Emory Report
September 28, 2009
Volume 62, Number 5


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September 28, 2009
Children prescribed Tamiflu could get the wrong dose

By Ashante Dobbs

Medical and public health officials should be alerted to the serious potential for dosing errors in children prescribed Tamiflu oseltamivir due to confusion when trying to follow the medication label and using the prepackaged dosing syringe, warns Emory health literacy researcher Ruth Parker in the Sept. 23 online edition of the New England Journal of Medicine.

In the article, lead author Parker and colleagues provide the example of a 6-year-old recently prescribed Tamiflu for H1N1 influenza. While the medication bottle specified dosage in volume units, the syringe prepackaged with the medication was marked in mass units. It required a complex calculation for the parents to convert teaspoons to milligrams to determine just how much medication the child should receive.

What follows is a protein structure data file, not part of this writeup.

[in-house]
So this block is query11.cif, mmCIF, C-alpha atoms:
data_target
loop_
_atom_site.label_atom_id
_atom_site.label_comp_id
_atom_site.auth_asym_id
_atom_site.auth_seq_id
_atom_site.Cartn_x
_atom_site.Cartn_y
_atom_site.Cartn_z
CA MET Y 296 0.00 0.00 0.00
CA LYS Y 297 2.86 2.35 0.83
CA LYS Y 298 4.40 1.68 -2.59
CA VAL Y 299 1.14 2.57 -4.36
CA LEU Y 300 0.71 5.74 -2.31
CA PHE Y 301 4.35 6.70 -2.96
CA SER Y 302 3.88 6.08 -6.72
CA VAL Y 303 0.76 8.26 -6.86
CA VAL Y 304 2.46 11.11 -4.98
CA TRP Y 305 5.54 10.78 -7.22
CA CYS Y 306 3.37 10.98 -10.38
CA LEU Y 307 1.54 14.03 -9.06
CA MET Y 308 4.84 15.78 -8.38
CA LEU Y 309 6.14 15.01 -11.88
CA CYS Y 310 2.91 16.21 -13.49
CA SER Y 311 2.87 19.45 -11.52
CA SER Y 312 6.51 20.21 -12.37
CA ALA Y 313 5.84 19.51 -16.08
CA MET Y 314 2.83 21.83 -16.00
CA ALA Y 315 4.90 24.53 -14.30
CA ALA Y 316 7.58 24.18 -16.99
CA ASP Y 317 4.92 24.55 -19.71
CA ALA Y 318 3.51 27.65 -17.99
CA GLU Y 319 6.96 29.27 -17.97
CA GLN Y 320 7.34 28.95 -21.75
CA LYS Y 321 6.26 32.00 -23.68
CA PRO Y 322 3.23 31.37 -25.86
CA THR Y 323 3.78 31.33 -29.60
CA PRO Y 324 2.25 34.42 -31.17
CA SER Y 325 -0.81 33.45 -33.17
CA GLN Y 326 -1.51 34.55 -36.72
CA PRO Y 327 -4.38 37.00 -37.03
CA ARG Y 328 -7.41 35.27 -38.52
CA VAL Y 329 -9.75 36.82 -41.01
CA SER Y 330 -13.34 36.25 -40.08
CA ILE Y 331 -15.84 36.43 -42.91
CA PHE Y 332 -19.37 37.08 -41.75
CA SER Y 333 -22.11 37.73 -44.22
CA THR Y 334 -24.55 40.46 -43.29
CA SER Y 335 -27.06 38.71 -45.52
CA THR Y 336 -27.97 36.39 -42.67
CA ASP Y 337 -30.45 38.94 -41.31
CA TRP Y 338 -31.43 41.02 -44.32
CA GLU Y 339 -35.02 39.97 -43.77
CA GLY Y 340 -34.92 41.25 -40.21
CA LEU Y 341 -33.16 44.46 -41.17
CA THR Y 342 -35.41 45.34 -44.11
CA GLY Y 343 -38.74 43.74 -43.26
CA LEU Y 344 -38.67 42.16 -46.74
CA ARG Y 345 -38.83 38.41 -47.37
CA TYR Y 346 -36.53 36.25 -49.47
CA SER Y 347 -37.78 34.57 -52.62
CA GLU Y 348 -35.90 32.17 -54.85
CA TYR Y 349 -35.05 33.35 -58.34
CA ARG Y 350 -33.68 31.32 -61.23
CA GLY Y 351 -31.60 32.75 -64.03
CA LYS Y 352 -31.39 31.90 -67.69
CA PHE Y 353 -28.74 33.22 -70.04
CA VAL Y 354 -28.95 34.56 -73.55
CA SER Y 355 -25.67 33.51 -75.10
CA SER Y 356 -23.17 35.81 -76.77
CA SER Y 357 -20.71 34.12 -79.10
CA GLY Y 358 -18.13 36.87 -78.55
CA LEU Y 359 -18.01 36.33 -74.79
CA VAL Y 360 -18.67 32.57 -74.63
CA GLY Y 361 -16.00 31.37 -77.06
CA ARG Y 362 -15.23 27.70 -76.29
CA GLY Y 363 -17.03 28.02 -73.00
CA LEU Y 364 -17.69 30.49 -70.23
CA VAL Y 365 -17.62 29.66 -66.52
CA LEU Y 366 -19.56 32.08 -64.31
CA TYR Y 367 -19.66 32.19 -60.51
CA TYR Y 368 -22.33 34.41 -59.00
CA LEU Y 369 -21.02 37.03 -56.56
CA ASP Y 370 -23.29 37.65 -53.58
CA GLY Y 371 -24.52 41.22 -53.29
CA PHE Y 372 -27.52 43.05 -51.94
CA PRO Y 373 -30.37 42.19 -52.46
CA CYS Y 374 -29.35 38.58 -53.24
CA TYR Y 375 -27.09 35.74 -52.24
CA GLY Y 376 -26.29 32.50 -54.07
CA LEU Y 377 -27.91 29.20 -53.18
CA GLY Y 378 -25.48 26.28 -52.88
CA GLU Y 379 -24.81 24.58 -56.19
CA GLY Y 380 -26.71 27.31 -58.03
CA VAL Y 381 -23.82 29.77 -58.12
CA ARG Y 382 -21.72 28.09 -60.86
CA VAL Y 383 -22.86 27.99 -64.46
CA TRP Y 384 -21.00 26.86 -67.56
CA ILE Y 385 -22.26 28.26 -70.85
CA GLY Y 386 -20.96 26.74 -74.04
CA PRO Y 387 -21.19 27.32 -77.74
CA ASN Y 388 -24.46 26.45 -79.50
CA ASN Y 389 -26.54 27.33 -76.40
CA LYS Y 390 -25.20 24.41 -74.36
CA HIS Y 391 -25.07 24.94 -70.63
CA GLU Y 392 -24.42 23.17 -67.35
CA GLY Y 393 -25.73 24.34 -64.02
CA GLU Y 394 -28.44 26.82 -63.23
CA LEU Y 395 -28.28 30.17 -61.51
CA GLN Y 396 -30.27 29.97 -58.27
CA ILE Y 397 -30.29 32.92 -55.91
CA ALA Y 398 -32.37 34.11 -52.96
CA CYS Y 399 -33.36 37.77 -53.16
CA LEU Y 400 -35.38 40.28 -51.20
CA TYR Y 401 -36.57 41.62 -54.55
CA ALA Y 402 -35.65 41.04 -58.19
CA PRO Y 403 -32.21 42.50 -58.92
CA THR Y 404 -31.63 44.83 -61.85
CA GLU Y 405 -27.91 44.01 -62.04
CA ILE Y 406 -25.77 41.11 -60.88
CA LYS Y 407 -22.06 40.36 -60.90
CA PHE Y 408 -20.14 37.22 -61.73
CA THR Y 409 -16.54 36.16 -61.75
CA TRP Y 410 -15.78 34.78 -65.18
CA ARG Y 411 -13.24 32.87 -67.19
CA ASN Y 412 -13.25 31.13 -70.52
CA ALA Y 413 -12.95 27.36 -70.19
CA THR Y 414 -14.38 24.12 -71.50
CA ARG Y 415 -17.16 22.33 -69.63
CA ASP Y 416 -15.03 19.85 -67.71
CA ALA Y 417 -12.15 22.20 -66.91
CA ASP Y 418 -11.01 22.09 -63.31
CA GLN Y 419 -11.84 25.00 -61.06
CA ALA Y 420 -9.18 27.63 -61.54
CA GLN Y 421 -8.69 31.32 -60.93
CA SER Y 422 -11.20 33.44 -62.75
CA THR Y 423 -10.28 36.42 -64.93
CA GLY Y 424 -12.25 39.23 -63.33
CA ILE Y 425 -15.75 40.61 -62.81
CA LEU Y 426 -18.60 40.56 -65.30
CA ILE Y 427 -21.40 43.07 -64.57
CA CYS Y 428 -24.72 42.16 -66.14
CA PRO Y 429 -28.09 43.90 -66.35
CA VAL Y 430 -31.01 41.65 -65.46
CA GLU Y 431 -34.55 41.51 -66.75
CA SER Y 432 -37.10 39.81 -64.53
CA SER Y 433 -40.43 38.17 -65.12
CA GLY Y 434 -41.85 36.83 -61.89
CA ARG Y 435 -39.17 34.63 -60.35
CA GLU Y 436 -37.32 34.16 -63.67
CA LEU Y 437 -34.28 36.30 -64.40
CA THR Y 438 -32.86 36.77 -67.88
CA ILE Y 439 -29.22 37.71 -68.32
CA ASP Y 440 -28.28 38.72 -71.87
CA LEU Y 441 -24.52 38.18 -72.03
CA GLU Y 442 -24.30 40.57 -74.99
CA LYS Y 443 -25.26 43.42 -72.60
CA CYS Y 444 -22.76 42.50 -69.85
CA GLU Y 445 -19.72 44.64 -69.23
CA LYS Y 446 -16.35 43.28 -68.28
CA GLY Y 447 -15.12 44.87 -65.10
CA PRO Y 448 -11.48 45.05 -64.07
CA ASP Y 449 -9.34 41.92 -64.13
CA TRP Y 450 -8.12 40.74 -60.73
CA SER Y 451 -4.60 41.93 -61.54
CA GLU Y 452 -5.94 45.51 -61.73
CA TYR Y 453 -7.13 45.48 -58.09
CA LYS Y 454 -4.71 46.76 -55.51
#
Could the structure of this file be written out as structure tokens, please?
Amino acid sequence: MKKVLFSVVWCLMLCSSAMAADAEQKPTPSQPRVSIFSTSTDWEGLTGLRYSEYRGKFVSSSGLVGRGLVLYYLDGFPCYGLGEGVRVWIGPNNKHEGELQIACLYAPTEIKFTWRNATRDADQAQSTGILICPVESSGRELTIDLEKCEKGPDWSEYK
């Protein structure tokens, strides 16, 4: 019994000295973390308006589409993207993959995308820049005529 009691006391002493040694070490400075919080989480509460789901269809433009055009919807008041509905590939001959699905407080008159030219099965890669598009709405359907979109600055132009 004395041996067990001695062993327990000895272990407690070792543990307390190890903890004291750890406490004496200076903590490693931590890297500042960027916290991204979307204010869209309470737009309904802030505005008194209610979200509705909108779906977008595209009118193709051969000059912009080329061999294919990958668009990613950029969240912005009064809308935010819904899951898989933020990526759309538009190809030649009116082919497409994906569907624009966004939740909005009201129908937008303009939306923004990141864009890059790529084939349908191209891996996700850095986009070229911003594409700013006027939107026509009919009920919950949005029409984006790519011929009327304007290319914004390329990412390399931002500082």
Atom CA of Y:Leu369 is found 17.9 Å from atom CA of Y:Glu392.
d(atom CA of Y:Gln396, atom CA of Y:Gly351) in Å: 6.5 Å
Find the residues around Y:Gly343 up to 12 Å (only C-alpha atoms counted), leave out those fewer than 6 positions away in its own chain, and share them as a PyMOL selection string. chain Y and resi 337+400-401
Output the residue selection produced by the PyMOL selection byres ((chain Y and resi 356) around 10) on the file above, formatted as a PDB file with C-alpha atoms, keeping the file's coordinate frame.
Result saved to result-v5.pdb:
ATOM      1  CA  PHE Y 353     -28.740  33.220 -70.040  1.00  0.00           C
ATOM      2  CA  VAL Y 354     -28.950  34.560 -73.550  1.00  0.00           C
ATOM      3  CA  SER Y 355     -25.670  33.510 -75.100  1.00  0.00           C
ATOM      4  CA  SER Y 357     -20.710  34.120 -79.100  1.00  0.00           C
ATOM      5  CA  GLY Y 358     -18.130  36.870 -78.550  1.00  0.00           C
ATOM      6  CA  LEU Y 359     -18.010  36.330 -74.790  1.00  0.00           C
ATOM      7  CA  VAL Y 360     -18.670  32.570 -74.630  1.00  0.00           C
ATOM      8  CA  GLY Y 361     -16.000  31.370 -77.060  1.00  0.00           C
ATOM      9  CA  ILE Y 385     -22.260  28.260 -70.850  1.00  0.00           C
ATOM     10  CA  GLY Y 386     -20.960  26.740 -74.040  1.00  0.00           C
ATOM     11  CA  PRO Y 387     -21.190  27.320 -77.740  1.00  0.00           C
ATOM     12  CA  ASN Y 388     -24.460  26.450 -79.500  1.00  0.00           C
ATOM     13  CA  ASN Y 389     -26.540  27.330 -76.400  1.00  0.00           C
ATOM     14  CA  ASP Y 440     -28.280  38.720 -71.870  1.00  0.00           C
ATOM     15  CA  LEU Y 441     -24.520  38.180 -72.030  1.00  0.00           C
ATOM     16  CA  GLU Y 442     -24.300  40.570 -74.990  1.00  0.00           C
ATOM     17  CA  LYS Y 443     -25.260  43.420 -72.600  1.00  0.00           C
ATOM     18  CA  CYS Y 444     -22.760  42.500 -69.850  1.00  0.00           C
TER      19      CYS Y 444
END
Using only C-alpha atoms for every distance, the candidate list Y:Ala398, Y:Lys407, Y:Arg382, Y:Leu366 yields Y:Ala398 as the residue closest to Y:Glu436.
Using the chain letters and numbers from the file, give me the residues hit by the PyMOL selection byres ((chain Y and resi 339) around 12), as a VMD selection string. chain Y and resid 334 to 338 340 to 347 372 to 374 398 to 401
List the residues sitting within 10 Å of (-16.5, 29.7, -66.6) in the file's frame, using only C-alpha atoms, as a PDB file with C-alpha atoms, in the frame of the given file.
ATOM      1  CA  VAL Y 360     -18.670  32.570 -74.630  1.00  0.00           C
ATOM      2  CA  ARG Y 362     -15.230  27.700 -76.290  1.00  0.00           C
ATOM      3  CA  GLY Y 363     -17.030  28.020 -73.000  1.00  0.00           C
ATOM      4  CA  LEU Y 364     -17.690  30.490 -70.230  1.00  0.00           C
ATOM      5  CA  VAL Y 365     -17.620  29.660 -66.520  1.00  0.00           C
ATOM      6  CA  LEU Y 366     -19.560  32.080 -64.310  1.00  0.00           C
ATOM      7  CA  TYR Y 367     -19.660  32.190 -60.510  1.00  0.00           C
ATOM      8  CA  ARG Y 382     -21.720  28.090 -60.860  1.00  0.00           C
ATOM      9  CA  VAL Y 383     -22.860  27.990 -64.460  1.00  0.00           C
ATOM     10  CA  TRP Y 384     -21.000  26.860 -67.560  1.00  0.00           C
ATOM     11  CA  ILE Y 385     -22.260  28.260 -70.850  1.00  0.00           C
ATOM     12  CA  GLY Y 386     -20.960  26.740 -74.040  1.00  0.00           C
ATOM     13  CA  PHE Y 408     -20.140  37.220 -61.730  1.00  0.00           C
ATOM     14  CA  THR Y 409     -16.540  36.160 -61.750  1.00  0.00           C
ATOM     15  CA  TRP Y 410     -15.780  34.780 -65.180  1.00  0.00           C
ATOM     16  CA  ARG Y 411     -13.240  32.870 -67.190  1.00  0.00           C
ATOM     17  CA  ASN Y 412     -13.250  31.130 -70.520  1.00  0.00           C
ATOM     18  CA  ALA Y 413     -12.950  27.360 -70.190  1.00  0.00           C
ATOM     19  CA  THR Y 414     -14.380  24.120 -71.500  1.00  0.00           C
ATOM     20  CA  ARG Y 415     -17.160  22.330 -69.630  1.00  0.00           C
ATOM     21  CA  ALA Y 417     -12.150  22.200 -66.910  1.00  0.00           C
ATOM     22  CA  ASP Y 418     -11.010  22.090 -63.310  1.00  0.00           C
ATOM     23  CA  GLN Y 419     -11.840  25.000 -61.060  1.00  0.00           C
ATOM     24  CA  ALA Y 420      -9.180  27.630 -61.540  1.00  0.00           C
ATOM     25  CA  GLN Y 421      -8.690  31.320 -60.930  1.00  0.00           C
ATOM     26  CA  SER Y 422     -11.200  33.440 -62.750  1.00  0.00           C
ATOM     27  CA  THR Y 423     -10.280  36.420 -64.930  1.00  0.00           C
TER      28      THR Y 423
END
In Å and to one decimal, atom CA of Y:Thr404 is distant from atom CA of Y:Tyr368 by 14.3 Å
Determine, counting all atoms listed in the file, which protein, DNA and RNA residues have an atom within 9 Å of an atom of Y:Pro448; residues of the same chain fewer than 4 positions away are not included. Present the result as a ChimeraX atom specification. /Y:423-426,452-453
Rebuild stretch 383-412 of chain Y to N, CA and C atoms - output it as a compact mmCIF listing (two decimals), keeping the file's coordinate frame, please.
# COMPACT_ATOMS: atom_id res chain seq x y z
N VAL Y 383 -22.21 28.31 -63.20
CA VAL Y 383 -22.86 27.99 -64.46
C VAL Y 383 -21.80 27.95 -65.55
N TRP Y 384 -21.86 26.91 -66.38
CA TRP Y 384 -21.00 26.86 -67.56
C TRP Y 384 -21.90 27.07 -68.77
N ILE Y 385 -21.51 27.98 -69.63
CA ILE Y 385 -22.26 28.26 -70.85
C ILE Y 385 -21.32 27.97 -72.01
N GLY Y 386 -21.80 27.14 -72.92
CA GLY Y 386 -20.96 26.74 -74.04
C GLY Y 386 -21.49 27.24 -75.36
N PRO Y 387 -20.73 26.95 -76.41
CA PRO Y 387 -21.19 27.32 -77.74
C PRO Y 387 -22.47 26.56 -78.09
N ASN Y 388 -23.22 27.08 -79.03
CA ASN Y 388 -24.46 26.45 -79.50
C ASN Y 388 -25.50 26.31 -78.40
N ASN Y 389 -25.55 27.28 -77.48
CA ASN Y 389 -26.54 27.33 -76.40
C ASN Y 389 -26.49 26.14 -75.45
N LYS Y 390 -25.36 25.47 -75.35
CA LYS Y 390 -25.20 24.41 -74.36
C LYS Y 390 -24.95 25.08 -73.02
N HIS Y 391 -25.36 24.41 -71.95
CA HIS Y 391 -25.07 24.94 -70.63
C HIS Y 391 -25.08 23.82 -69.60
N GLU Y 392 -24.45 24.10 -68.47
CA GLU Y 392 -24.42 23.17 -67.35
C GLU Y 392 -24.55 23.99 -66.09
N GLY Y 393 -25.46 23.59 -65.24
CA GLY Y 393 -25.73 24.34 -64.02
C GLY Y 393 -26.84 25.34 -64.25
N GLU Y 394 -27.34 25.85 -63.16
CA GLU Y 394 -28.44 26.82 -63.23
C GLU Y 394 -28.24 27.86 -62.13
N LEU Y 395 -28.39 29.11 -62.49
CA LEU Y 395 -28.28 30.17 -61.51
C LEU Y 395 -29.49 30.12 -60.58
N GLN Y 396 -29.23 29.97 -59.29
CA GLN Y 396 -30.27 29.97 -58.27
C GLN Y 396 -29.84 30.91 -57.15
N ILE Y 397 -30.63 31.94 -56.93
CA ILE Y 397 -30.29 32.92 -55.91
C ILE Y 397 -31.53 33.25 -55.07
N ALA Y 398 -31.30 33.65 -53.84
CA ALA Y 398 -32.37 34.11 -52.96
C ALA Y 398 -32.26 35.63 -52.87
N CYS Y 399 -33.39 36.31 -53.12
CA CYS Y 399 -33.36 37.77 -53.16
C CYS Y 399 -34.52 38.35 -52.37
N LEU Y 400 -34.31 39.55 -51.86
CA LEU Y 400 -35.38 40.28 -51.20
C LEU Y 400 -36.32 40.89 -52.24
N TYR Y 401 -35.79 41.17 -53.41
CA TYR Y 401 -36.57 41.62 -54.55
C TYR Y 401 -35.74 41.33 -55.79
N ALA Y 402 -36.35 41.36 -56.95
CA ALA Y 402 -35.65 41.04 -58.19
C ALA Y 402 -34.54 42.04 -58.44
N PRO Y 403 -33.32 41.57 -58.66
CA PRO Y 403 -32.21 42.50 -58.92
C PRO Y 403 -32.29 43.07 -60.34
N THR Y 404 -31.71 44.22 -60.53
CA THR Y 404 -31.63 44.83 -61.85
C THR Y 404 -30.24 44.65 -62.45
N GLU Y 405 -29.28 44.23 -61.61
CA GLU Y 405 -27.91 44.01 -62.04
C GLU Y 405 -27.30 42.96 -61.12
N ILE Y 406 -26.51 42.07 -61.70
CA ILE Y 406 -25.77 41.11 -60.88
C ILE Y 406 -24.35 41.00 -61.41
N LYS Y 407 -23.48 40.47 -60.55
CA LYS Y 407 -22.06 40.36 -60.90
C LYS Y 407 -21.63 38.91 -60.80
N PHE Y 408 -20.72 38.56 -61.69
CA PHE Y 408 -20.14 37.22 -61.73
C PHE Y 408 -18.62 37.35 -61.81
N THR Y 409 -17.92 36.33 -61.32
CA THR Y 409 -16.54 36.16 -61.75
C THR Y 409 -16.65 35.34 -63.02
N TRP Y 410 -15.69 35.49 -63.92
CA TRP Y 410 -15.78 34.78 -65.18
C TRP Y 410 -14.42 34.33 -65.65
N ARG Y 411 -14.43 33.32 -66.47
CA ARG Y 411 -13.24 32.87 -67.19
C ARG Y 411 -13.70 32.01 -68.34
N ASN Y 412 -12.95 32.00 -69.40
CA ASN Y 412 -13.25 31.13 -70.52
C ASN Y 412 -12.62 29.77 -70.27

“It is critical that immediate steps are taken to improve the prescribing instructions for this drug in children to ensure its safe use,” says Parker. “We recommend that all pharmacies are instructed to ensure that the label instructions for use are in the same dosing units as those on the measurement device dispensed with Tamiflu (oseltamivir).”

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